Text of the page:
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Australian parliament passes carbon pricing law

November 08, 2011 11:04 IST

Australian parliament on Tuesday passed a landmark carbon pricing law that would impose a price on carbon emissions.

After months of discussions and debate, the government with the support of Greens finally voted for it, according to local media.

Labor government finally got its carbon price plan through the Senate - on a vote of 36 to 32.

The carbon price begins with a tax, starting next July and will move later to a trading scheme.

"This history-making vote turns years of discussion into a reality," Prime Minister Julia Gillard said.

She said from Tuesday Australia would address the problems of climate change including "extreme weather" such as big floods and storms.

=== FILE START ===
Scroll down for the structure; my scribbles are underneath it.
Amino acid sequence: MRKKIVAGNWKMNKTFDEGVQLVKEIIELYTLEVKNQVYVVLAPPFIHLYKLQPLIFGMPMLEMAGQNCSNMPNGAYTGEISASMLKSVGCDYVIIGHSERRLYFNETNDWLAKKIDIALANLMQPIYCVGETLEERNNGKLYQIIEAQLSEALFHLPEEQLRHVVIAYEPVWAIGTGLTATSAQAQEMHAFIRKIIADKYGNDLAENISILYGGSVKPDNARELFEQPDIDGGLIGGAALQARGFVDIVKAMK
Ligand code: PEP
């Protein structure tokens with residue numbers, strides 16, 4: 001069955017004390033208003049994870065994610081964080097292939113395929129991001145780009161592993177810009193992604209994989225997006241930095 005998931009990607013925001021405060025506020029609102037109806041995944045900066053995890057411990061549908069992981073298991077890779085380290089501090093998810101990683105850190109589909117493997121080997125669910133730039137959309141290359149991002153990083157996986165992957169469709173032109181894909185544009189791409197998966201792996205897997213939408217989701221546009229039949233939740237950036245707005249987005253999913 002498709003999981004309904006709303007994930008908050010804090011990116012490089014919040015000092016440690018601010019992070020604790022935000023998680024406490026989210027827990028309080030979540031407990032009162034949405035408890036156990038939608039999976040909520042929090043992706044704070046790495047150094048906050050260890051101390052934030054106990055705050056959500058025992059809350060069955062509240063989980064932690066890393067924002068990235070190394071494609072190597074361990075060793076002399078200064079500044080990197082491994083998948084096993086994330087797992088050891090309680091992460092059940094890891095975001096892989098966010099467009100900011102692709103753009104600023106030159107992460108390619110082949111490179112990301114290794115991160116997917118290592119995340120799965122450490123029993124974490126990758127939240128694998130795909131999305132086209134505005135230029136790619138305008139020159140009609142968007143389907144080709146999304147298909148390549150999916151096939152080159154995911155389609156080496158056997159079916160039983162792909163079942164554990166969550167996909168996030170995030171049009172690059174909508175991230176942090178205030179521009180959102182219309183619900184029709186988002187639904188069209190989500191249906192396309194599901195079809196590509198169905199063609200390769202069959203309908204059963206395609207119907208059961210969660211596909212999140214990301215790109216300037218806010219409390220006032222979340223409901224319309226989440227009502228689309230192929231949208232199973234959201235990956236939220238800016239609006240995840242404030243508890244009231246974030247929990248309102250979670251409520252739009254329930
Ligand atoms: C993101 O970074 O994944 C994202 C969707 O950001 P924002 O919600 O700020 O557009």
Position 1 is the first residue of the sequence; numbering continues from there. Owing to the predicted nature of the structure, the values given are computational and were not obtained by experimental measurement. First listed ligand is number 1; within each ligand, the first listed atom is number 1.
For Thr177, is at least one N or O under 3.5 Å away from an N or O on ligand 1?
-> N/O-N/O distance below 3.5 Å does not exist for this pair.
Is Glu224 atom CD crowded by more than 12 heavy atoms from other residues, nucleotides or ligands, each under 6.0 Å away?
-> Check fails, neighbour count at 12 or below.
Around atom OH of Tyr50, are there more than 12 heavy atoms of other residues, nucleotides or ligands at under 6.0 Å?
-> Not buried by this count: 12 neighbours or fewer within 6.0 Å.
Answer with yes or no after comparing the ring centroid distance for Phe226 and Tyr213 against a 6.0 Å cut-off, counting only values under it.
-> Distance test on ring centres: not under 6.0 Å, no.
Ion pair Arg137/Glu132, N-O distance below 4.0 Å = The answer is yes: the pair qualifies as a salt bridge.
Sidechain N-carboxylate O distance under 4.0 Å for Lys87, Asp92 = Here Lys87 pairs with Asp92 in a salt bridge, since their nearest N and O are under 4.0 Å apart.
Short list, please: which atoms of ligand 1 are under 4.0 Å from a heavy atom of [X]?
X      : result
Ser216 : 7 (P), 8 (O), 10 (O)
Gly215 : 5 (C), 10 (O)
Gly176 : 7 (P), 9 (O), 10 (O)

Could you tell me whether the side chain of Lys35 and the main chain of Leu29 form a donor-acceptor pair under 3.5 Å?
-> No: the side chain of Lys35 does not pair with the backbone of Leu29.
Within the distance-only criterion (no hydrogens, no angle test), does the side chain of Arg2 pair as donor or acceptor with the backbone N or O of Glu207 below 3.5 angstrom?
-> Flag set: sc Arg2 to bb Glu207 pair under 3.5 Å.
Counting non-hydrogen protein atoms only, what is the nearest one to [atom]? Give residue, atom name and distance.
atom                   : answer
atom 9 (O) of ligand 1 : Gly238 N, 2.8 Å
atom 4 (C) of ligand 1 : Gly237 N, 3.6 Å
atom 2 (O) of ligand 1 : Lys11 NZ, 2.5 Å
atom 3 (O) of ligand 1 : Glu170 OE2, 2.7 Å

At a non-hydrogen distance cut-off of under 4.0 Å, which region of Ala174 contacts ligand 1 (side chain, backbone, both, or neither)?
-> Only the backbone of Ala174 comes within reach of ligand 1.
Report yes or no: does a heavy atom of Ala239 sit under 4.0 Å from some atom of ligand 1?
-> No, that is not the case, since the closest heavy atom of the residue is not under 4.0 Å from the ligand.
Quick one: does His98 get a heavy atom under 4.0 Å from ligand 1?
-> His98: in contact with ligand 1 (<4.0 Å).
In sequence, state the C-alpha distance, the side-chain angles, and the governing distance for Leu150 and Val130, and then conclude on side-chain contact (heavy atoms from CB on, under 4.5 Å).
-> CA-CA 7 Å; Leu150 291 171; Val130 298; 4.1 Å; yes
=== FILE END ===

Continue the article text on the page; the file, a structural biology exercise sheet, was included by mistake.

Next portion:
Gillard said it was the right thing for the nation's future and would provide jobs for our children.

Finance Minister Penny Wong said: "(This is) a reform long overdue, a reform which represents a clear (divide) in politics in this country between those who look to the future and those who are mired in the fear campaigns of today."

"It's a 'green letter day' but one which will echo down the ages... there's a celebration going on in this nation today," Greens leader Bob Brown said.

"People 50 or 500 years from now will thank us for the passage of this legislation."

Australia accounts for just 1.5 per cent of global emissions and is the developed world's highest emitter per capita due to a reliance on coal to generate electricity.

\Opposition Leader Tony Abbott, who is in Londong, dubbed the passing of the legislation "a betrayal of the Australian people".

"This new tax is a blow to the future of Australian manufacturing and a new burden for families struggling under cost of living increases," he said.

Coalition Senate leader Eric Abetz attacked the Government and the Greens for cutting short debate.

"They know they have betrayed their electoral mandate," he said.

Natasha Chaku in Melbourne
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